The Field Guide To Aliens
From the Mulchon to the Andromedan Hexaped, everything you need to know about "intergalactice worrywarts, bubbleonauts, silver-slurbers, and other extraterrestrials" is provided in this one, slim volume.
Large illustrations, clever names, and fun facts will keep kids turning the pages to learn more about aliens - some familiar, some brand new to them.
While I think our daughter was being a lazy reader, I am disappointed that there isn't a little more white space on the page. A reluctant reader will dig in, a remedial reader won't! But this is a perfect type of book for both of those audiences.
There were lots of "yuck" and "what's that" from our daughter. She would read a bit look at the pictures, and then ask us to read. She said there was "too much writing" for her.
This is a book the whole family can enjoy, and I love that you don't have to do it "all" in one sitting. There is lots of clever information with layers that parents will enjoy and "get" more than their kids (like the cassette labeled 'disco').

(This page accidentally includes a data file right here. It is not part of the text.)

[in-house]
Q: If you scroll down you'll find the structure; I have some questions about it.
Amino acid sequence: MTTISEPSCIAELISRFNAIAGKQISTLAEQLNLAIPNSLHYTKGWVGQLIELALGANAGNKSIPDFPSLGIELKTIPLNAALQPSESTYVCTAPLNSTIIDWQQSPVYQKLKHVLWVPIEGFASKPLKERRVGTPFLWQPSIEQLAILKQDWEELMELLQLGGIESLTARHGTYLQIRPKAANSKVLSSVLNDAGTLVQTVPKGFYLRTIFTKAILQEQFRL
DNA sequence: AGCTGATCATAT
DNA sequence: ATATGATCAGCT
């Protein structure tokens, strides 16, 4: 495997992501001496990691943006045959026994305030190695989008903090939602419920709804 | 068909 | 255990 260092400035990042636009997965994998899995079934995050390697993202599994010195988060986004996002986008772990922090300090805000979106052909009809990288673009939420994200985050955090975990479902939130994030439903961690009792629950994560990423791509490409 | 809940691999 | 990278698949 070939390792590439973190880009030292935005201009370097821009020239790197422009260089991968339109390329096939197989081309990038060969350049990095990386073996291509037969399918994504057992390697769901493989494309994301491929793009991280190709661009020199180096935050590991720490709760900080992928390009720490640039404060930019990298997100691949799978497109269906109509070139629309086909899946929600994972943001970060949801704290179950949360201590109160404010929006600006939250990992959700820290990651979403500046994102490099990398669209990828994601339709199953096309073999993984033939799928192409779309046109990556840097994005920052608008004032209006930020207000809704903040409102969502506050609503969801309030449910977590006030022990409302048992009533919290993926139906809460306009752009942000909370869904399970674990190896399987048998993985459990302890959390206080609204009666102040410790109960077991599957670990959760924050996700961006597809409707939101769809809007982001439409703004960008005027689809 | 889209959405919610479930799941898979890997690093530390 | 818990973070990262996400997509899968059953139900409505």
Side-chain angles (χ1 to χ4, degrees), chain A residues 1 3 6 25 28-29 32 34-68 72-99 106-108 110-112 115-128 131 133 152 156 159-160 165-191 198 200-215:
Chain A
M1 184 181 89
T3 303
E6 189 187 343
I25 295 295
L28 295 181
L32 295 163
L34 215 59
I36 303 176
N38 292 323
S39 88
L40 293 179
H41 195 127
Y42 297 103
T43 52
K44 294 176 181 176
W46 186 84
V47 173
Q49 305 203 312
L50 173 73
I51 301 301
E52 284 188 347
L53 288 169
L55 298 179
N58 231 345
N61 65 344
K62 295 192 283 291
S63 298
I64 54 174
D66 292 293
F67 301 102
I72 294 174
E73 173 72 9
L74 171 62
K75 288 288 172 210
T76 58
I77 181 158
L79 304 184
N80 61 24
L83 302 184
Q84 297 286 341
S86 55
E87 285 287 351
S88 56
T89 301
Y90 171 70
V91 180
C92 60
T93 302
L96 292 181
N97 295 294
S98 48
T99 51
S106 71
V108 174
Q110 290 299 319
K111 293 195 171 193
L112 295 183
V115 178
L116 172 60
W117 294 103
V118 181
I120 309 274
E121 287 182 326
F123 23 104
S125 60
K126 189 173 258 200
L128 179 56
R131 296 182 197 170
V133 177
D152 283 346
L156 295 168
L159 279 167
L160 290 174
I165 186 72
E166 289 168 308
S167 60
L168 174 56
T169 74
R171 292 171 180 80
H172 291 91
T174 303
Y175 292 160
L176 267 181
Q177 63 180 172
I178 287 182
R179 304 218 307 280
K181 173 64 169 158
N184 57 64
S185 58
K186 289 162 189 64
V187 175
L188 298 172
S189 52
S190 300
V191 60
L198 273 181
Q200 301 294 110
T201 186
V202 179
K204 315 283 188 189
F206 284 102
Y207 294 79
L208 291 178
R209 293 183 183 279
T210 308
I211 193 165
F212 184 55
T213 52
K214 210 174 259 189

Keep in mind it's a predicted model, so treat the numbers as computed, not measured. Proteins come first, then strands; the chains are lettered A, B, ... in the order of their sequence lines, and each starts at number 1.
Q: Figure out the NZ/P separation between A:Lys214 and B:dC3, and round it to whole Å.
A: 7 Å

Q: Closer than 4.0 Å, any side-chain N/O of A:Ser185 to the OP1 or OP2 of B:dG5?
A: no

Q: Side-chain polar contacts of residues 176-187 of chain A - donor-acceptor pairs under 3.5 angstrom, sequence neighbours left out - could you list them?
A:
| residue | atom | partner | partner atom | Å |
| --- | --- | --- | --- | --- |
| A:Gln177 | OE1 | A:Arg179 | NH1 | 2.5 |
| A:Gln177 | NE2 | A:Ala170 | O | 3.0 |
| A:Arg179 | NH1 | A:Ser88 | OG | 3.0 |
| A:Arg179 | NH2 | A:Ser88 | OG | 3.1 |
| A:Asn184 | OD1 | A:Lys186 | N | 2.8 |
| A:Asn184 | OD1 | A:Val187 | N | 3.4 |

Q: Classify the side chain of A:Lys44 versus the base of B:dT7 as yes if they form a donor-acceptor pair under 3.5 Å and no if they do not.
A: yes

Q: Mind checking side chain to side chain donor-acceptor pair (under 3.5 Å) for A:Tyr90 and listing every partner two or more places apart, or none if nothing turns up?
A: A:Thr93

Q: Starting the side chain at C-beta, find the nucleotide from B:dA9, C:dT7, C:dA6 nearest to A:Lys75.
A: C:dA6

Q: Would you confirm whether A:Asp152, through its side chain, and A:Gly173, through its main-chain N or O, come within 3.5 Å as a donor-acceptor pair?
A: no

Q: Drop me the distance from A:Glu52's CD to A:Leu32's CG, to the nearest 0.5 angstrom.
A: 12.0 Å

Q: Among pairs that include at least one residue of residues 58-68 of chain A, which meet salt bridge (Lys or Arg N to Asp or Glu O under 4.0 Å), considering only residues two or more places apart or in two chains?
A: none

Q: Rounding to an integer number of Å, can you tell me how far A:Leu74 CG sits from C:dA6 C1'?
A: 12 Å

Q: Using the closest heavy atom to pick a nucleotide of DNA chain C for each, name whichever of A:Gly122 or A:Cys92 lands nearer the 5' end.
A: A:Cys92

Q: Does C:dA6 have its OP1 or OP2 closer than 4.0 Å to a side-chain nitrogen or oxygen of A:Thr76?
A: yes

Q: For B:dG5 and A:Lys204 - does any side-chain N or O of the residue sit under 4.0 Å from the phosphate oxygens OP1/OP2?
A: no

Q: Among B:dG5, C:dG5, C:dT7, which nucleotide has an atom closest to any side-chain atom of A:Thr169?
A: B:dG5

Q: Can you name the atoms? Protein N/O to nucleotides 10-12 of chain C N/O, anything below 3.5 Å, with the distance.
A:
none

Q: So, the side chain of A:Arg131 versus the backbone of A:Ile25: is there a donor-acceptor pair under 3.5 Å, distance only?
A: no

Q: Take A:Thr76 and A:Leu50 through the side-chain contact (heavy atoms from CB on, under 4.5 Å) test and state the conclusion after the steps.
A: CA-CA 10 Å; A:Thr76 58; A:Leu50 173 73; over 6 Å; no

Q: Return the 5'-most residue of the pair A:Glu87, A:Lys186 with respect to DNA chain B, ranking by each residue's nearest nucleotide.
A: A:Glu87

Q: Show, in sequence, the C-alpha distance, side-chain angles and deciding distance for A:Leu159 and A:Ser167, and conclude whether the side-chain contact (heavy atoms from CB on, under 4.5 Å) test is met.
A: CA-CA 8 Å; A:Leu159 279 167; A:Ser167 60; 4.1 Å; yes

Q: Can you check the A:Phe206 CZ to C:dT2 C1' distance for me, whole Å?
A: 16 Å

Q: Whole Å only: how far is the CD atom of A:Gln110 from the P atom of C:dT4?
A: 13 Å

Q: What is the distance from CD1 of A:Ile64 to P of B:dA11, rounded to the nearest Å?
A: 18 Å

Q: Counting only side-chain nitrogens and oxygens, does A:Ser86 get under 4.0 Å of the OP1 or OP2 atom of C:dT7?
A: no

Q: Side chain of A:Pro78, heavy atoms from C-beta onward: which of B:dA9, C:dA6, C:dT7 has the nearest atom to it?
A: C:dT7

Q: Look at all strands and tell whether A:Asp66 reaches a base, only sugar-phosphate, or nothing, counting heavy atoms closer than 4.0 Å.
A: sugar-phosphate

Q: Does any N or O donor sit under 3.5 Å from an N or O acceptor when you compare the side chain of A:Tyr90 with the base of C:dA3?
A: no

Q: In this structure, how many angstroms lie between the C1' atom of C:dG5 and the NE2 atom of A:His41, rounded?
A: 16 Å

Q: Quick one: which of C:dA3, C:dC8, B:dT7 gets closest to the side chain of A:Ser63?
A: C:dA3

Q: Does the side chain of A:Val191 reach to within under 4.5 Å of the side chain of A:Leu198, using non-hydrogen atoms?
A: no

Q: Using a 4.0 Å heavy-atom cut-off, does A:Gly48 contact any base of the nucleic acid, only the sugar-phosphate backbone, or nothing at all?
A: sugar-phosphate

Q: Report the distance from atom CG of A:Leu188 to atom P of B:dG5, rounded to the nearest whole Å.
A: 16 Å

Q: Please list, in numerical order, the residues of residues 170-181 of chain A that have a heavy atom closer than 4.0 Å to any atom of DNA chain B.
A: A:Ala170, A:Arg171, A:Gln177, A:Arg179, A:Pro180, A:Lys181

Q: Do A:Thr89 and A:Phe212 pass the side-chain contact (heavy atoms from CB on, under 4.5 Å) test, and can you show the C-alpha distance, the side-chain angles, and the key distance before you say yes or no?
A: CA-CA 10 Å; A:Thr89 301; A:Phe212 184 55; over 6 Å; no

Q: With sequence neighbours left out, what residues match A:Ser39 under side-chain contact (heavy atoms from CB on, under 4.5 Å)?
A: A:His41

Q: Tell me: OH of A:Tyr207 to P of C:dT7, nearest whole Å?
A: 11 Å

Fact sheets, photos and illustrations are part of these biographies of aliens.
Given the structure of the book, it can serve as a great model for kids to create their own extraterrestrial creatures and build a biography about them. These go beyond the basic physical descriptions to include personality, which adds a great dimension for kids to write about.
10 to 13
8 to 10
Read by an 8-year-old girl.
Borrow. Lots of fun; I'm just not sure about its shelf life long term. Definitely consider buying for boys who liked aliens and extraterrestrial stuff. I might even pair it with the movie Men in Black.
|Title||The Field Guide to Aliens|
|Publisher||Two Lions © 2010|
|Genres||Fantasy, Science Fiction|